Pollution from the large biomass of fish, including fish waste could have a significant impact on the ocean floor. Salmon farms are only allowed near deep water where the organic waste has minimal impact on the ocean floor. The sea floors are monitored by the provincial government and if there is too much impact then the farm is prohibited from stocking fish in the area. The fallacy with this argument is that stocks of wild salmon, with their large biomass, have an effect on local environments also. Salmon poop, be it from wild or farmed salmon is still – salmon poop – and a large school of King salmon running in season provides a huge impact.
Sea lice can proliferate in pens of farmed salmon and spread to surrounding native fish. Sea lice are fatal to juvenile salmon as they leave fresh water and head to the ocean. Sea lice are monitored weekly by aquatic veterinarians. If the lice level is high or close to when native fry are coming to fruition they are given an antibiotic that does not affect humans. Over 98 percent of the feed given fish are free of this antibiotic.
British Columbia fish farms represent a positive mechanism to provide year-round salmon in a responsible manner to the table. This is not an easy admission for an Alaskan, but farmed salmon from British Columbia should be ranked as a Good Choice for seafood lovers.
Closed Containment systems provide a barrier between the farmed fish and Native species. This minimizes the impact on the environment by providing safer water, avoiding escaped fish, processing waste without simply polluting the shores, and keeping predators away from the area. Because the water is cleaned there is less need for antibiotics, or other substances that can find their way into the food. These still have an environmental impact from the large biomass.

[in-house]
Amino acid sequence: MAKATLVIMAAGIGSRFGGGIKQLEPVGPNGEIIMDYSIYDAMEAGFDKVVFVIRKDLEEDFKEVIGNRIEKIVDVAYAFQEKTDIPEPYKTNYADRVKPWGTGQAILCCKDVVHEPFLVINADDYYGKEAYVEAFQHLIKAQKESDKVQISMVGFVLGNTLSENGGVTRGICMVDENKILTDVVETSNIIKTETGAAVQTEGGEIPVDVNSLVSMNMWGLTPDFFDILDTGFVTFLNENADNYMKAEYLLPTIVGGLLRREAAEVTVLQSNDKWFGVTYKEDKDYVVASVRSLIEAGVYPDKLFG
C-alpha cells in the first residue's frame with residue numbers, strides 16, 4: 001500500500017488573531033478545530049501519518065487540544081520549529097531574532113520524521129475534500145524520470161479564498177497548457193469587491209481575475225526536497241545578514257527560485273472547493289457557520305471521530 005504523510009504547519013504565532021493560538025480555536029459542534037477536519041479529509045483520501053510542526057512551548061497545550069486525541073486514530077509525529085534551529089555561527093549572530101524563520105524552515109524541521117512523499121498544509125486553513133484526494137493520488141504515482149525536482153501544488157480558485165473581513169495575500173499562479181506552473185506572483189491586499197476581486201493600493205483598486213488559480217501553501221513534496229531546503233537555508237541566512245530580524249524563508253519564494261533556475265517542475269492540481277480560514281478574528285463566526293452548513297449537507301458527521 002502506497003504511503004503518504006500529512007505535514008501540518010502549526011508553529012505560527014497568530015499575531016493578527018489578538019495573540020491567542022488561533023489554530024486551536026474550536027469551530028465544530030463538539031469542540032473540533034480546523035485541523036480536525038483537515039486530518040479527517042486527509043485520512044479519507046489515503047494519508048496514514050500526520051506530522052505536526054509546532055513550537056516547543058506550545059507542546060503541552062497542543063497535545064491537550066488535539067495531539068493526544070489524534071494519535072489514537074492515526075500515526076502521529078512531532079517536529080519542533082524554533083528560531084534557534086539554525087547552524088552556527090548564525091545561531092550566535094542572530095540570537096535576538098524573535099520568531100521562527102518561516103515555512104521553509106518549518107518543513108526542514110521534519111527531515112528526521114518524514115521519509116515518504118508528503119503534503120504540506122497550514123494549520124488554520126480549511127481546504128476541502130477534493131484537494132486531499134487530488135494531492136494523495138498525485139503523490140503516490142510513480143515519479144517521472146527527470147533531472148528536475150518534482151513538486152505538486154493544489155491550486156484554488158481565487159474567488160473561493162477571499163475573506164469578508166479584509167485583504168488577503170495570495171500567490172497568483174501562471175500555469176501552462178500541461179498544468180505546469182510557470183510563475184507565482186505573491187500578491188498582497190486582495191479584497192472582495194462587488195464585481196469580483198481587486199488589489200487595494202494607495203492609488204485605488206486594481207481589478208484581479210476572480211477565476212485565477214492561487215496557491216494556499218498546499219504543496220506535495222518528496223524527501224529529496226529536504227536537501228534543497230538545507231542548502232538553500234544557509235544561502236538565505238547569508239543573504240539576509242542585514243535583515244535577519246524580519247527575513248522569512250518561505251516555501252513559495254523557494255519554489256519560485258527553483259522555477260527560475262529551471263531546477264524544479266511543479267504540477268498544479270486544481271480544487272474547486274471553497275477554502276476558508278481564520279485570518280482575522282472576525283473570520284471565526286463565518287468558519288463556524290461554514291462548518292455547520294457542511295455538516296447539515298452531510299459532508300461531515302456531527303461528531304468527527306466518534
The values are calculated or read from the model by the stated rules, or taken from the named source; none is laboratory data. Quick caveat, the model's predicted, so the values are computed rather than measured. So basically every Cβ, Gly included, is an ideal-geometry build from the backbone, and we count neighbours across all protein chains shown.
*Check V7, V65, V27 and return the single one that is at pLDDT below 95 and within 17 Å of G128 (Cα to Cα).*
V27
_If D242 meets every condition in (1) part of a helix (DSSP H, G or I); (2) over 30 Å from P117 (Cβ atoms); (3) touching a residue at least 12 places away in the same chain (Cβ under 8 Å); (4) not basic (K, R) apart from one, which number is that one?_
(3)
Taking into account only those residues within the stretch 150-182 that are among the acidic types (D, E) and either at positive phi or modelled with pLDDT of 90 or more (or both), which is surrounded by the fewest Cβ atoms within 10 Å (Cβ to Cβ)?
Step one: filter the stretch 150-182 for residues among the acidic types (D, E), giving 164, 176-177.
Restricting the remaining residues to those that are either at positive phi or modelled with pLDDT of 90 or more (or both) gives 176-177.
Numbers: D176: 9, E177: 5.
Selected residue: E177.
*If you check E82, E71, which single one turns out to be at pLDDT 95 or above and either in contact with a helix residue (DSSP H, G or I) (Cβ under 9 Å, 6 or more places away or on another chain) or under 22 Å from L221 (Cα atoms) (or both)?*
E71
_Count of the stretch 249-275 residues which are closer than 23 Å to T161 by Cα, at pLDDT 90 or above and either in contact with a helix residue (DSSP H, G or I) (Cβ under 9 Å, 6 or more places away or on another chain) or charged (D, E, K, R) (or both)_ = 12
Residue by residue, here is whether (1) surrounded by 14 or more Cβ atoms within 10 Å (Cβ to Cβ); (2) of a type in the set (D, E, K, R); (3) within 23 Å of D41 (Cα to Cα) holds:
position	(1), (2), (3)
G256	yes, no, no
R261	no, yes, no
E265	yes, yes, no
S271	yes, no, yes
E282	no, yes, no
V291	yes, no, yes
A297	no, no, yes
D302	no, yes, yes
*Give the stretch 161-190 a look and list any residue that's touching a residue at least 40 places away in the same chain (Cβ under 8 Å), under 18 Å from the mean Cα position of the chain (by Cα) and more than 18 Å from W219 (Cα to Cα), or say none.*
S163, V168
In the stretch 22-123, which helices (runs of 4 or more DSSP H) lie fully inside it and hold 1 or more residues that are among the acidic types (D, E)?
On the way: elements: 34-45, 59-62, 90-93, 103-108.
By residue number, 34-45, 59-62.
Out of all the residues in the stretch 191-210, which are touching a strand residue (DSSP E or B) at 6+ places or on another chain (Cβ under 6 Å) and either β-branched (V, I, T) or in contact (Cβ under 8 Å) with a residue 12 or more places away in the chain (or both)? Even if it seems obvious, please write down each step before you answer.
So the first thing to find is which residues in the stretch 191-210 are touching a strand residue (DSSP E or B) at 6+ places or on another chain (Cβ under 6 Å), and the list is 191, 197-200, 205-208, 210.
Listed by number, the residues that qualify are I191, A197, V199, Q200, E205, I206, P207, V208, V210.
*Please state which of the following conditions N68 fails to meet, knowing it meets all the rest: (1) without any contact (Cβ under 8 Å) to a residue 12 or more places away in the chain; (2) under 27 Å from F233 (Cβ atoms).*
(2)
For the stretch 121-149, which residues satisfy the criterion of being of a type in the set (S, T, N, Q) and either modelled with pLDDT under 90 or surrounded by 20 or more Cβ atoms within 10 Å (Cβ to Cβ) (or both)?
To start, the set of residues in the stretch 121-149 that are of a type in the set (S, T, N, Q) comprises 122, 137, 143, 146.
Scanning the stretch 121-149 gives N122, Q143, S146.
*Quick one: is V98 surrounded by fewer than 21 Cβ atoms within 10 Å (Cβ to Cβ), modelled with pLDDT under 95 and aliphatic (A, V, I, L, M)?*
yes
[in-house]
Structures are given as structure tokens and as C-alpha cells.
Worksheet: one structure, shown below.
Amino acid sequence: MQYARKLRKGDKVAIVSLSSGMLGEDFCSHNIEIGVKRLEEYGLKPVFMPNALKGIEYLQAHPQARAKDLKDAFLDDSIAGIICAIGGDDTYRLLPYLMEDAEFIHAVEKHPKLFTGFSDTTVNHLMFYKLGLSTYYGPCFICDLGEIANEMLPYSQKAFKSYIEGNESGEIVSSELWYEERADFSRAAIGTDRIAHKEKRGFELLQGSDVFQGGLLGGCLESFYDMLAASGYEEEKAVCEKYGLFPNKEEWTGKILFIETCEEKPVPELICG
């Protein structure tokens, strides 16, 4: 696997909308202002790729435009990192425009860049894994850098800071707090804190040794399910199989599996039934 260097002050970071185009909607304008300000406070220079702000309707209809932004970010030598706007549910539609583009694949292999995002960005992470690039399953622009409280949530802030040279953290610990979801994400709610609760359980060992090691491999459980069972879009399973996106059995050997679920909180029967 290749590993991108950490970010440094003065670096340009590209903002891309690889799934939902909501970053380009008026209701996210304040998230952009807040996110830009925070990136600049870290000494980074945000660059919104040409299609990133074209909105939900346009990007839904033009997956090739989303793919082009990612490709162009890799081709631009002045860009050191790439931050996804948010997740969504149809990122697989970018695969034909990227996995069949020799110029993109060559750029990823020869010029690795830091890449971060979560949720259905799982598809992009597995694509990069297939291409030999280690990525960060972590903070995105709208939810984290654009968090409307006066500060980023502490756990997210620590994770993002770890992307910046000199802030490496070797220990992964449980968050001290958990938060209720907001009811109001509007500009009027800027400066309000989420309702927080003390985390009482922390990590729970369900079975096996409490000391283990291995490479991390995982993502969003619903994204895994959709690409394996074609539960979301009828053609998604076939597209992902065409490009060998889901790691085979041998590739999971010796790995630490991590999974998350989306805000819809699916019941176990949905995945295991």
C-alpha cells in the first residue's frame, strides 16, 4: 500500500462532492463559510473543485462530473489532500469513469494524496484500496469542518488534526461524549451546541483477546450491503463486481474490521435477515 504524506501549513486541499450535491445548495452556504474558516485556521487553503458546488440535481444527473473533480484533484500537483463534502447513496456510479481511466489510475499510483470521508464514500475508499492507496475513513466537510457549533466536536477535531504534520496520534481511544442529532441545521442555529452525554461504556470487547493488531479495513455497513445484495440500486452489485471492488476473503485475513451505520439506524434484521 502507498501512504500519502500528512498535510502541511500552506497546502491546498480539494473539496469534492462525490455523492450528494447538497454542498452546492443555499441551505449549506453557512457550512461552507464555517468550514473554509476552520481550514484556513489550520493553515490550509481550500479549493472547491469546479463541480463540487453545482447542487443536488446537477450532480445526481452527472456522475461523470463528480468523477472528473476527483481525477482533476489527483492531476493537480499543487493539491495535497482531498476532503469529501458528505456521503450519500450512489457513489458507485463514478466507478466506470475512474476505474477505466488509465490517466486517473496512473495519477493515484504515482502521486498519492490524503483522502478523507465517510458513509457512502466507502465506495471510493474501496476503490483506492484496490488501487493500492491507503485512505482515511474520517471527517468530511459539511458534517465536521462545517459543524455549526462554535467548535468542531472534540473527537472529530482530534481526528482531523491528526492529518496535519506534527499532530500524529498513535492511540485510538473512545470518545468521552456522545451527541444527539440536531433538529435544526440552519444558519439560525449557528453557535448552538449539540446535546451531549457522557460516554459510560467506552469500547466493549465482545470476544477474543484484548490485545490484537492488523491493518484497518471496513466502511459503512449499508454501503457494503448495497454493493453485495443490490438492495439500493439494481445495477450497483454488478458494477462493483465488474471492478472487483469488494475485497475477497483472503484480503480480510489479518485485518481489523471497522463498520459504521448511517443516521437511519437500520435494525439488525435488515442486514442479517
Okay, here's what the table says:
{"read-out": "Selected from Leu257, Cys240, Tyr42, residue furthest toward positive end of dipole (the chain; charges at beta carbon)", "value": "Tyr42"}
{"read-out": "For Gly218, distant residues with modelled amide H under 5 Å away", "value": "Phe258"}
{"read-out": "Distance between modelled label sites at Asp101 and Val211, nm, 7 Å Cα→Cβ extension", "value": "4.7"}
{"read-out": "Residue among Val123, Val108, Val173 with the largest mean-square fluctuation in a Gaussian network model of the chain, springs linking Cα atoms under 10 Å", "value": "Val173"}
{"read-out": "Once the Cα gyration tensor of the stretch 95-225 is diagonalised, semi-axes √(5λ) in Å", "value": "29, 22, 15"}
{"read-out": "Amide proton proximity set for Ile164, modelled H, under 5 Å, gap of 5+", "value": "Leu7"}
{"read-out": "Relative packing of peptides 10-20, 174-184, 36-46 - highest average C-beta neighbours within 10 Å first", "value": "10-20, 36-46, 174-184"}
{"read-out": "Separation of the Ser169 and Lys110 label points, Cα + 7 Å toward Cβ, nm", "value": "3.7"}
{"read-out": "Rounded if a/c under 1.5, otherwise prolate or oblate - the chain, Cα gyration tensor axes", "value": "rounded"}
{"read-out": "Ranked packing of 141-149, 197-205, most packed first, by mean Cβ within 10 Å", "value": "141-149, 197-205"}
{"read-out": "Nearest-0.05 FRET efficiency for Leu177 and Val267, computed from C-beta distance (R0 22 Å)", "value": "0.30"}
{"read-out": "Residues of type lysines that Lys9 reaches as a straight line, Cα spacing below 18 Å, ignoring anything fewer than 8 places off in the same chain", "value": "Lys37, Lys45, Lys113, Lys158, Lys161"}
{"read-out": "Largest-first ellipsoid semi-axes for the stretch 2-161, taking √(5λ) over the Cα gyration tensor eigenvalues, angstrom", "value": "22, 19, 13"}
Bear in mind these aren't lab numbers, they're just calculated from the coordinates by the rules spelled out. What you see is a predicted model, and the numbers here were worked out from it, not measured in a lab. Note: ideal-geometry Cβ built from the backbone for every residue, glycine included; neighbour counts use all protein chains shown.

Other projects, such as the Velella Project in Hawaii, provide an unanchored drifter pen that rides eddies in open ocean 3-75 miles off the Big Island of Hawaii. The pen is submersible over the surface of the ocean, away from reefs and corals. The fish were stocked with fingerlings of a Native species. The fish were fed with a sustainable diet of fishmeal and oil and soy, no antibiotics, hormones or pesticides. There was minimal impact on the marine environment, while they raised the sashimi-grade kampachi (tropical yellowtail).
The Velella Project uses the natural ecosystem to supplement the school of fish that it is raising to provide a balance. Other aquaculture systems become sustainable when multiple species are raised in close proximity, that mimics the food pyramid. This is called “integrated multi-tropic aquaculture.” In these systems the sustainability and environmental damage is decreased because they mimic nature’s cycle. Fish are fed but below them are feeders like lobsters, sea cucumbers, and urchins that obtain the excess fish food. Mussels and other shellfish are downstream from the fish to provide filtering and recycle the organic nutrients. Seaweed downstream from that absorbs and captures the inorganic waste and produce oxygen.
Dr. Terry Simpson
Dr. Terry Simpson received his undergraduate and graduate degrees from the University of Chicago where he spent several years in the Kovler Viral Oncology laboratories doing genetic engineering. He found he liked people more than petri dishes, and went to medical school. Dr. Simpson, a weight loss surgeon is an advocate of culinary medicine. The first surgeon to become certified in Culinary Medicine, he believes teaching people to improve their health through their food and in their kitchen. On the other side of the world, he has been a leading advocate of changing health care to make it more "relationship based," and his efforts awarded his team the Malcolm Baldrige award for healthcare in 2011 for the NUKA system of care in Alaska and in 2013 Dr Simpson won the National Indian Health Board Area Impact Award. A frequent contributor to media outlets discussing health related topics and advances in medicine, he is also a proud dad, husband, author, cook, and surgeon “in that order.” For media inquiries, please visit www.terrysimpson.com.